Unmet Need for Contraception among Clients of FP/HIV Integrated Services in Nigeria: The Role of Partner Opposition

Article · June 2014with18 Reads
While women are aware of family planning (FP) methods in Nigeria, the unmet need for modern contraception remains high. We assessed the association between male partner opposition to FP and unmet need for modern contraception among women seeking anti-retroviral therapy (ART), HIV counseling and testing (HCT) and prevention-of-mother-to-child-transmission of HIV (PMTCT) services in Cross-River State, Nigeria. This secondary analysis used data from a facility-based FP/HIV integration study. Logistic regression was used to model the association of interest. Unmet need for modern contraception was high among all clients – ART (49%), HCT (75%), and PMTCT (32%). Perceived partner opposition to FP was widespread (≥70%); however, multivariate analysis showed no significant association with unmet need for modern contraception. Significant covariates were woman’s age, marital status, parity, and previous use of modern contraception. Efforts to improve modern contraceptive use among women at risk of HIV infection in Nigeria should contemplate involving their male partners.
    • 50.6% of the spouses did not support contraception for them. This association between male partner opposition to contraception and unmet need was observed among women seeking HIV services in Cross‑River State, Nigeria, where perceived partner opposition to FP was ≥70%.[19]This indicates the need to involve men in FP issues for improved access and utilization.
    Article · Jan 2016
    • However, not many FP programs have involved men. Among the few studies in sub-Saharan Africa that include men, a majority focus on factors associated with couples' FP practices within the context of HIV/AIDS [15, 23, 24] or men's reported knowledge and use of contraceptive methods25262728 rather than the impact of reproductive health programs on men's contraceptive behaviors. Therefore , there remains a dearth of knowledge on the best strategies to engage men in sexual and reproductive health programs and the impact of male involvement on FP adoption and continuation.
    [Show abstract] [Hide abstract] ABSTRACT: Family planning (FP) researchers and policy makers have often overlooked the importance of involving men in couples' fertility choices and contraception, despite the fact that male involvement is a vital factor in sexual and reproductive health programming. This study aimed to assess whether men's exposure to FP demand-generation activities is associated with their reported use of modern contraceptive methods. We used evaluation data from the Measurement, Learning & Evaluation project for the Urban Reproductive Health Initiative (URHI) in select cities of three African countries (Kenya, Nigeria, and Senegal) collected in 2012/2013. A two-stage cluster sampling design was used to select a representative sample of men in the study sites. The sample for this study includes men aged 15-59 years who had no missing data on any of the key variables: 696 men in Kenya, 2311 in Nigeria, and 1613 in Senegal. We conducted descriptive analyses and multivariate logistic regression analyses to assess the associations of interest. All analyses were weighted to account for the study design and non-response rates using Stata version 13. The proportion of men who reported use of modern contraceptive methods was 58 % in Kenya, 43 % in Nigeria, and 27 % in Senegal. About 80 % were exposed to at least one URHI demand-generation activity in each country. Certain URHI demand-generation activities were significantly associated with men's reported use of modern contraception. In Kenya, those who participated in URHI-led community events had four times higher odds of reporting use of modern methods (aOR: 3.70; p < 0.05) while in Senegal, exposure to URHI-television programs (aOR: 1.40; p < 0.05) and having heard a religious leader speak favorably about FP (aOR: 1.72; p < 0.05) were associated with modern contraceptive method use. No such associations were observed in Nigeria. Study findings are important for informing future FP program activities that seek to engage men. Program activities should be tailored by geographic context as results from this study indicate city and country-level variations. These types of gender-comprehensive and context-specific programs are likely to be the most successful at reducing unmet need for FP.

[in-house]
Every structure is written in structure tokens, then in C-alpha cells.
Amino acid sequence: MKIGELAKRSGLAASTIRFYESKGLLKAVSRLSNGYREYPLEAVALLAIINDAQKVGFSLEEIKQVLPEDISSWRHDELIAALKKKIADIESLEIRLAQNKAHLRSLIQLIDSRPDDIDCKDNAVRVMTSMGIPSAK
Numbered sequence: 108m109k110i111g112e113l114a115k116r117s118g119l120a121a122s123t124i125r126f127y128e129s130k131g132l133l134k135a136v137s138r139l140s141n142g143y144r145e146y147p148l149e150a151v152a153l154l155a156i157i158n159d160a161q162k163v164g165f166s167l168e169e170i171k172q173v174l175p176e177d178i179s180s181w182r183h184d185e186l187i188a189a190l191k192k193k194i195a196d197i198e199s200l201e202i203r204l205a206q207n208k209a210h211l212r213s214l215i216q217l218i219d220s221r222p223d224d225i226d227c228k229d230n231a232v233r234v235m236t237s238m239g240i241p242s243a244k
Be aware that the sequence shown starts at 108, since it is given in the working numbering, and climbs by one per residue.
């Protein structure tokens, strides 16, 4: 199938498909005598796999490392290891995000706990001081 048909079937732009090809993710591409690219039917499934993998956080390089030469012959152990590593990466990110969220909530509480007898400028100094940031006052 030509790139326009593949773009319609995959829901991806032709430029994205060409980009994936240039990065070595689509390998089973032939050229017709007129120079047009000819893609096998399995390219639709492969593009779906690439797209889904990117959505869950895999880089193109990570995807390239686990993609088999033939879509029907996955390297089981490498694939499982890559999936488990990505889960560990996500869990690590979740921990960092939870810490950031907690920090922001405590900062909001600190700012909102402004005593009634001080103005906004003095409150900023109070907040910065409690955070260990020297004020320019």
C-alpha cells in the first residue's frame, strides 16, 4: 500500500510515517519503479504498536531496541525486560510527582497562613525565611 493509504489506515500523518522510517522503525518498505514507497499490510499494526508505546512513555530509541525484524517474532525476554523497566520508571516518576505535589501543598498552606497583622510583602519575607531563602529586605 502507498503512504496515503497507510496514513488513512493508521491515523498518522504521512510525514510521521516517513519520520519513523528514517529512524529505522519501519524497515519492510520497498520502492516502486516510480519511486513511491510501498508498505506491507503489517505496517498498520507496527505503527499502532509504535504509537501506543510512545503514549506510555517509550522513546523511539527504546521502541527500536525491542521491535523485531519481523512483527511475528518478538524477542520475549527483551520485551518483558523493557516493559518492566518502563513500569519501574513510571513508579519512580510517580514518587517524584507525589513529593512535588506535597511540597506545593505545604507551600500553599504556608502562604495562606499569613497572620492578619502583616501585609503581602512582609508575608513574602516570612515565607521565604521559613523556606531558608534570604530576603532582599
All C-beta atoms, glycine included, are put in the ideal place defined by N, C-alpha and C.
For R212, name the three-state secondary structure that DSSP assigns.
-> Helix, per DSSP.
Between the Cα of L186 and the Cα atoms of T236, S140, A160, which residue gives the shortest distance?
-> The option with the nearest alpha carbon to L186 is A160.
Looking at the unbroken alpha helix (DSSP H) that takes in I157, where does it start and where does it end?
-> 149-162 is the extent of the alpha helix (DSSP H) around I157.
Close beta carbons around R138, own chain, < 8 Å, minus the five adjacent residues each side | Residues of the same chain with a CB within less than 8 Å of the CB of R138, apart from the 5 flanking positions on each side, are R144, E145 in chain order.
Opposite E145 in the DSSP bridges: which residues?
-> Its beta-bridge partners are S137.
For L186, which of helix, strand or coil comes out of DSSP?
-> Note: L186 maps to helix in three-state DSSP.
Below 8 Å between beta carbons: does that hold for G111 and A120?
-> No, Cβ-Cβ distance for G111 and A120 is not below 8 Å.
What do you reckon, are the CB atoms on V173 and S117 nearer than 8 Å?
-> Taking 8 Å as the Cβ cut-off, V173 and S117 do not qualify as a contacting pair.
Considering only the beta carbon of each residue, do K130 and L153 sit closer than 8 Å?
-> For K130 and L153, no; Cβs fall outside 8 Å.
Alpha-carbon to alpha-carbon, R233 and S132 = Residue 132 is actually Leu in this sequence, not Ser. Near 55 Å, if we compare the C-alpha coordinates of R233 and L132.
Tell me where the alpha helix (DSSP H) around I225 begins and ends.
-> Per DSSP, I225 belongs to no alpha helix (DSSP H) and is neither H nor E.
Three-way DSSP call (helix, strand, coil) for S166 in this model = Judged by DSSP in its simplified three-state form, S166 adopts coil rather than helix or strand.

Full-text · Article · Jul 2015
    • This association between male partner opposition to contraception and unmet need was observed among women seeking HIV services in Cross-River State, Nigeria, where perceived partner opposition to FP was ≥70%. [19] This indicates the need to involve men in FP issues for improved access and utilization. This study yielded more findings because women who recently had children were interviewed as these were an indication of recent or ongoing sexual activity.